On June 16, Seattle Mayor Ed Murray announced that a stakeholders group had agreed to lift restrictions on the growth of rideshare companies. In exchange, companies like Lyft and Uber would meet the same safety and insurance requirements as taxi drivers.
Seattle’s new regulations on rideshare companies like Lyft and Uber were supposed to take effect this week, but now they’re on hold. That’s because a group, backed by rideshare businesses, has filed signatures for a ballot referendum to bring the rideshare rules to a public vote.
Marcie Sillman talks with Dawn Gearhart, spokesperson for Teamsters Local 117, about why the Western Washington Taxi Cab Operators Association has filed a lawsuit against the app-based transportation company Uber for unlawful and deceptive business practices.
Steve Scher talks with San Francisco Chronicle reporter Carolyn Said about California's state-wide rideshare regulations. Said talks about how they are playing out in San Francisco and what Seattle's proposed driver caps could mean for rideshare companies all over.
The ongoing debate about how to regulate ridesharing in Seattle seems to be coming down to a fight over numbers. The Seattle City Council is considering capping the number of licensed rideshare drivers but is getting pushback from the companies who thus far have been operating in Seattle illegally.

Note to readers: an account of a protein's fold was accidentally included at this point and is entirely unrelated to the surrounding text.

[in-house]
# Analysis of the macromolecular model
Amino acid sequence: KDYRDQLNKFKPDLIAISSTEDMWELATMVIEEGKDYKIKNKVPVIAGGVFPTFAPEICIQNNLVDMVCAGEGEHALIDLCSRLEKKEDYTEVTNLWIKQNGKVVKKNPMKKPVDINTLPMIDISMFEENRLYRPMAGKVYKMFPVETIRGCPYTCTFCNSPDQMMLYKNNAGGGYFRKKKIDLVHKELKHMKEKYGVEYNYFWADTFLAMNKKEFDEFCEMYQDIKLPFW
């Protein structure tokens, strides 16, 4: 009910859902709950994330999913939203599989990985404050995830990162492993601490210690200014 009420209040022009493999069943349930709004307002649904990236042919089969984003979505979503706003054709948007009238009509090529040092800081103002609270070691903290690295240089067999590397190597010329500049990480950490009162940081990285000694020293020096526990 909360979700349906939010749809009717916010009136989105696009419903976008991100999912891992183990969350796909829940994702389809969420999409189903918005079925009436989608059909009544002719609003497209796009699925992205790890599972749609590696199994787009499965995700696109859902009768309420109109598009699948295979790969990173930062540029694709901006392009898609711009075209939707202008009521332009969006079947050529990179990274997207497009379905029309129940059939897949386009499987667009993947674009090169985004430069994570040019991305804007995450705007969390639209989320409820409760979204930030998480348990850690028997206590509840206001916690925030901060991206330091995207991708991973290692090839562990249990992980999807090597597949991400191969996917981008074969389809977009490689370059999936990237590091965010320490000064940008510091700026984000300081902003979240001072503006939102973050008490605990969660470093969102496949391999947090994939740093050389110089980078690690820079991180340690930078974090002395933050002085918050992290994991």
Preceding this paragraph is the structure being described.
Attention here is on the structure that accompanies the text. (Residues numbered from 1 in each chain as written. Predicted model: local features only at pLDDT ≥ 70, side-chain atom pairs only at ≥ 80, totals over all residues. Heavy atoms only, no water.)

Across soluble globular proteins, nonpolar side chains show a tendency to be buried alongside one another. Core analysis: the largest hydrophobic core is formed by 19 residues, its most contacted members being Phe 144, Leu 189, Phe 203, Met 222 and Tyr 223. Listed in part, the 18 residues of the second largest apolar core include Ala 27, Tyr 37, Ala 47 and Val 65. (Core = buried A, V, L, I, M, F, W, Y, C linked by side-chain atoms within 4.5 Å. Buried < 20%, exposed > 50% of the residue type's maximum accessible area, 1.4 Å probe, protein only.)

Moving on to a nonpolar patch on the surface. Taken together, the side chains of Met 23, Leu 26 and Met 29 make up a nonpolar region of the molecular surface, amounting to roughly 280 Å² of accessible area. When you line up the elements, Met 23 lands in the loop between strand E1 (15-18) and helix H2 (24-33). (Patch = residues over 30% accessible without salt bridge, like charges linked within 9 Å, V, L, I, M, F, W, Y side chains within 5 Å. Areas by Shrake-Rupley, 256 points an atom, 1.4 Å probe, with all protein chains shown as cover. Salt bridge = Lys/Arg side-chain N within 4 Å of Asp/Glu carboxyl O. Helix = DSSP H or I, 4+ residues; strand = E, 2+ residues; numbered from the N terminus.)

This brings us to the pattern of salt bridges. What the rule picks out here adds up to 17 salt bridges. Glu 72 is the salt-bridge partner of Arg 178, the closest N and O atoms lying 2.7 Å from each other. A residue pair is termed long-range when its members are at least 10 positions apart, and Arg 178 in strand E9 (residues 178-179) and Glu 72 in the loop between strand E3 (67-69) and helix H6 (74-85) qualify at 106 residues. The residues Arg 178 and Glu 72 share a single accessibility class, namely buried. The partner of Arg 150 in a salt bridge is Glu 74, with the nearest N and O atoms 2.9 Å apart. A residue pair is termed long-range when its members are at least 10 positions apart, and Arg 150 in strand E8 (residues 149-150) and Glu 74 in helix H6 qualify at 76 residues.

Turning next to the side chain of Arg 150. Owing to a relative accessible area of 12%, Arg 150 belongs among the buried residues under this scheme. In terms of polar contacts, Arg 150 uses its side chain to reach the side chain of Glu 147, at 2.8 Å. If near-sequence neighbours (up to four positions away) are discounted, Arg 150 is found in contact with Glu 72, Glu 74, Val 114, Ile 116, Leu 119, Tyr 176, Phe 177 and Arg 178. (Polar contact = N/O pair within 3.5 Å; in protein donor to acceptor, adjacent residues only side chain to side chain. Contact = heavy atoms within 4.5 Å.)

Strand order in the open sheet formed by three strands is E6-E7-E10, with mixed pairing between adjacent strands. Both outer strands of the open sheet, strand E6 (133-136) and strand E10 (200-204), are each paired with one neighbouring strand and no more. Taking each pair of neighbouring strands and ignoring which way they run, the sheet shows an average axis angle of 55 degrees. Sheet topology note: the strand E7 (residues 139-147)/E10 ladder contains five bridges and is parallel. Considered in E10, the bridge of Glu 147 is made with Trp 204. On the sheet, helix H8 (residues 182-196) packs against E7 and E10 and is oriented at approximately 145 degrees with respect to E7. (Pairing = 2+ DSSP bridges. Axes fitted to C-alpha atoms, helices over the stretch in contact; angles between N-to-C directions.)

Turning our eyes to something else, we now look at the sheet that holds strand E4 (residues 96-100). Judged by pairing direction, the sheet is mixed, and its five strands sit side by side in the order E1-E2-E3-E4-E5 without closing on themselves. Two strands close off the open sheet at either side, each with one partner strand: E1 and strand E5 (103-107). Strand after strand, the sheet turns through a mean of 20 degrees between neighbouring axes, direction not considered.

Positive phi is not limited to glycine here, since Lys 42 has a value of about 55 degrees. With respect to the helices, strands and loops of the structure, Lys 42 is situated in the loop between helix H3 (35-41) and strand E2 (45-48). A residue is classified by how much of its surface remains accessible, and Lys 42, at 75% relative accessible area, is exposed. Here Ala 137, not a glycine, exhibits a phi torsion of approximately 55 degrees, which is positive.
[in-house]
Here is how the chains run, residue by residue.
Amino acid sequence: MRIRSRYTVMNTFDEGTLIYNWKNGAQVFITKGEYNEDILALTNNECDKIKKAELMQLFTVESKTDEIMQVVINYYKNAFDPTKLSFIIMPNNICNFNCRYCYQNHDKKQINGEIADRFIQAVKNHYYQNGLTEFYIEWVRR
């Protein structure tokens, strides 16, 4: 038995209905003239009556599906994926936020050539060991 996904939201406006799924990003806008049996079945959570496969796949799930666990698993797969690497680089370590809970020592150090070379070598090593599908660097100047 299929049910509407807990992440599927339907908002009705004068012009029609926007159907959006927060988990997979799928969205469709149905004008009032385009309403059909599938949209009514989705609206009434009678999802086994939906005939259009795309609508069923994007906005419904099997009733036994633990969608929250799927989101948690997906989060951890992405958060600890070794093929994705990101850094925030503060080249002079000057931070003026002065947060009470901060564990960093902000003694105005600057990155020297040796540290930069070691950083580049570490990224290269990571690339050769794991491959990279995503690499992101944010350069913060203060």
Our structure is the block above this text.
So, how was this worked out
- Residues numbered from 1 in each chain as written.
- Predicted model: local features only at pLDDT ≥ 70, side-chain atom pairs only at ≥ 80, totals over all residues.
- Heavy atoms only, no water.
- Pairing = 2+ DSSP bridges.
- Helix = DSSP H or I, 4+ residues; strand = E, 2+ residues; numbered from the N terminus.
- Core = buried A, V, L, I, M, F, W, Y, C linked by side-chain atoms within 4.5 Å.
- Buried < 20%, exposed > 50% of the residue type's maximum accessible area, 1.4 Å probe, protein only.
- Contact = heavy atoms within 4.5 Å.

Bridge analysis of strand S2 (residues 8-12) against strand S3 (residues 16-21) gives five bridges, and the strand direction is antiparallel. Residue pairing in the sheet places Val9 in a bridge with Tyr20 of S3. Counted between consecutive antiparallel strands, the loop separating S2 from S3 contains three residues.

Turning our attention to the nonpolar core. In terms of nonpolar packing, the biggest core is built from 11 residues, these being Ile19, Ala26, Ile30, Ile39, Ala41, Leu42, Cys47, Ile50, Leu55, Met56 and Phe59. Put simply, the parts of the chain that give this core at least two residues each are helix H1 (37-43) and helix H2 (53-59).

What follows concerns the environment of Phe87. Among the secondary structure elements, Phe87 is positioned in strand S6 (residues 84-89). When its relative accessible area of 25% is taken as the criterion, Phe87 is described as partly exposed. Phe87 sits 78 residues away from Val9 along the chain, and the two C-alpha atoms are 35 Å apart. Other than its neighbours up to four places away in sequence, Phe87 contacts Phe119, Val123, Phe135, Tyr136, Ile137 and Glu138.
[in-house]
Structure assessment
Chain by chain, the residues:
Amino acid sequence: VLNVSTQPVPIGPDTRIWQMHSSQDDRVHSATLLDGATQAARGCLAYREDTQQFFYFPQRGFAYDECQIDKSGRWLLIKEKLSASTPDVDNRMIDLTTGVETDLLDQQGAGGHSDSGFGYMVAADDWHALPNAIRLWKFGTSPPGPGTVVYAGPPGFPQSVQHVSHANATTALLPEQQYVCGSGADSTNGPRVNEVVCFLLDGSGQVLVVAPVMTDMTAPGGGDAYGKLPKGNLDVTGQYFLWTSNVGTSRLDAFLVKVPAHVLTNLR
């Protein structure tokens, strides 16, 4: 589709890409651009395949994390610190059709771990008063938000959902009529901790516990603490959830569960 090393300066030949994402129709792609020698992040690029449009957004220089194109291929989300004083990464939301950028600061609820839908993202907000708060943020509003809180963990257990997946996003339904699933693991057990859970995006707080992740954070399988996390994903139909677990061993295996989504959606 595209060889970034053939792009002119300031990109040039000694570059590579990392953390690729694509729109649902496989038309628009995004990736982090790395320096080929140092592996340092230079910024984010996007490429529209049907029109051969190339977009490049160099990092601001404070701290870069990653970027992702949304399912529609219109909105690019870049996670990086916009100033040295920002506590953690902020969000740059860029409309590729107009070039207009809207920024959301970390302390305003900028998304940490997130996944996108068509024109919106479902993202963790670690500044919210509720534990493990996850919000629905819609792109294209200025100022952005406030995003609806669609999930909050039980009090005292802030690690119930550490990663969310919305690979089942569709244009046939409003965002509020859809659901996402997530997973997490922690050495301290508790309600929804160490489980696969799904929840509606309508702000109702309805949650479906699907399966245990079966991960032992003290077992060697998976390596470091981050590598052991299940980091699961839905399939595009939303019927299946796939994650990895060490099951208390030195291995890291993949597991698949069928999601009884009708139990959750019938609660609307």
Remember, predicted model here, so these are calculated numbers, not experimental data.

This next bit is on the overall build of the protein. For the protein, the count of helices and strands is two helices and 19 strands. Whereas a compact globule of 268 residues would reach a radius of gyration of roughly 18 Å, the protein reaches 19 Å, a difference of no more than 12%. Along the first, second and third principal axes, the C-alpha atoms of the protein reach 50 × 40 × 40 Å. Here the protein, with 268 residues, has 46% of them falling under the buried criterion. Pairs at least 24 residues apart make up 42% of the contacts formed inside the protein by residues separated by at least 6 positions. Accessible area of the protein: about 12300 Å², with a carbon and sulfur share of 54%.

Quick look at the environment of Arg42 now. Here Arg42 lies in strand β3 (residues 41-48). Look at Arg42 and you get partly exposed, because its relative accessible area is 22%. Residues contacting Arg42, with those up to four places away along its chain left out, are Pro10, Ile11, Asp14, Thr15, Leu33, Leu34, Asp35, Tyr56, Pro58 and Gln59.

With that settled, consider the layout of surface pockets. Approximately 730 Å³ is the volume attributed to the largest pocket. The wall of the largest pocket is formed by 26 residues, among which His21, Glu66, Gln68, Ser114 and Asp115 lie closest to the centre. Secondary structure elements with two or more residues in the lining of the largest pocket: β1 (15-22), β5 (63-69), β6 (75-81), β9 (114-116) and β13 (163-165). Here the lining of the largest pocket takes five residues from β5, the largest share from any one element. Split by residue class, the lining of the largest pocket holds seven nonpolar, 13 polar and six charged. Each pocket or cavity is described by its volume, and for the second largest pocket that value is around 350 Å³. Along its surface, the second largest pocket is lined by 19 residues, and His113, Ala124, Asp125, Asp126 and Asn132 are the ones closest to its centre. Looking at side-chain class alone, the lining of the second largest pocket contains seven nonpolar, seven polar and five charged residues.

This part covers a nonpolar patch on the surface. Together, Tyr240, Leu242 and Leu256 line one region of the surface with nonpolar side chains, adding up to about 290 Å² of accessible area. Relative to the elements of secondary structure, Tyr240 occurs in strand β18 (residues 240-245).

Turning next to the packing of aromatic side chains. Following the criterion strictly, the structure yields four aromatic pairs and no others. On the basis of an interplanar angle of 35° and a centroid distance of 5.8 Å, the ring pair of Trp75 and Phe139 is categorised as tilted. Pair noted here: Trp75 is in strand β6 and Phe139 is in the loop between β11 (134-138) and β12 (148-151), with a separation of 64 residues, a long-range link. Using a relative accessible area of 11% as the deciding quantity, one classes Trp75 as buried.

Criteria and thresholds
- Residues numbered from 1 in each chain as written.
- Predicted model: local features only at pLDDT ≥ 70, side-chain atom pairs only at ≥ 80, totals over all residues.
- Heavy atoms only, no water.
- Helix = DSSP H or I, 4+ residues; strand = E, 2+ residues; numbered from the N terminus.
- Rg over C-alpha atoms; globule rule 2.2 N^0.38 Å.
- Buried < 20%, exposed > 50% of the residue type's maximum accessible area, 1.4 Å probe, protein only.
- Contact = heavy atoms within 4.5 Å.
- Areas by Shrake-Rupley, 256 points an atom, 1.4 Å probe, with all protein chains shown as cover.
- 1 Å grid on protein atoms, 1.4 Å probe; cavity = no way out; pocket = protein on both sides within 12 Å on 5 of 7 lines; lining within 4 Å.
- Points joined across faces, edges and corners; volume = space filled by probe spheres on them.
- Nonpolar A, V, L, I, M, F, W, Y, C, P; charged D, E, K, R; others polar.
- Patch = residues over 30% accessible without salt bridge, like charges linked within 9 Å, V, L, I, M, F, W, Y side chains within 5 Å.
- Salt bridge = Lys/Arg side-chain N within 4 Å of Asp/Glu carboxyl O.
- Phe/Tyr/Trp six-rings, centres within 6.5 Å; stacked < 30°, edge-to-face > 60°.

The Seattle City Council is trying to determine how it should handle new rideshare companies that compete with taxis. Council members told a packed meeting Thursday they are leaning towards embracing — and regulating — them.
For months now, tensions have been brewing between Seattle taxi drivers and ridesharing services like Uber-X, Sidecar and Lyft. Seattle cab drivers (who are heavily regulated by the city) claim ridesharing services have an advantage since they’re not subject to the same rules and regulations.
So this summer, the city commissioned a $100,000 study to determine the demand for taxis, rideshares, for-hires and limousines. What did the study find? And how will the results inform how the city proceeds? Seattle City Council President Sally Clark joins us with the results.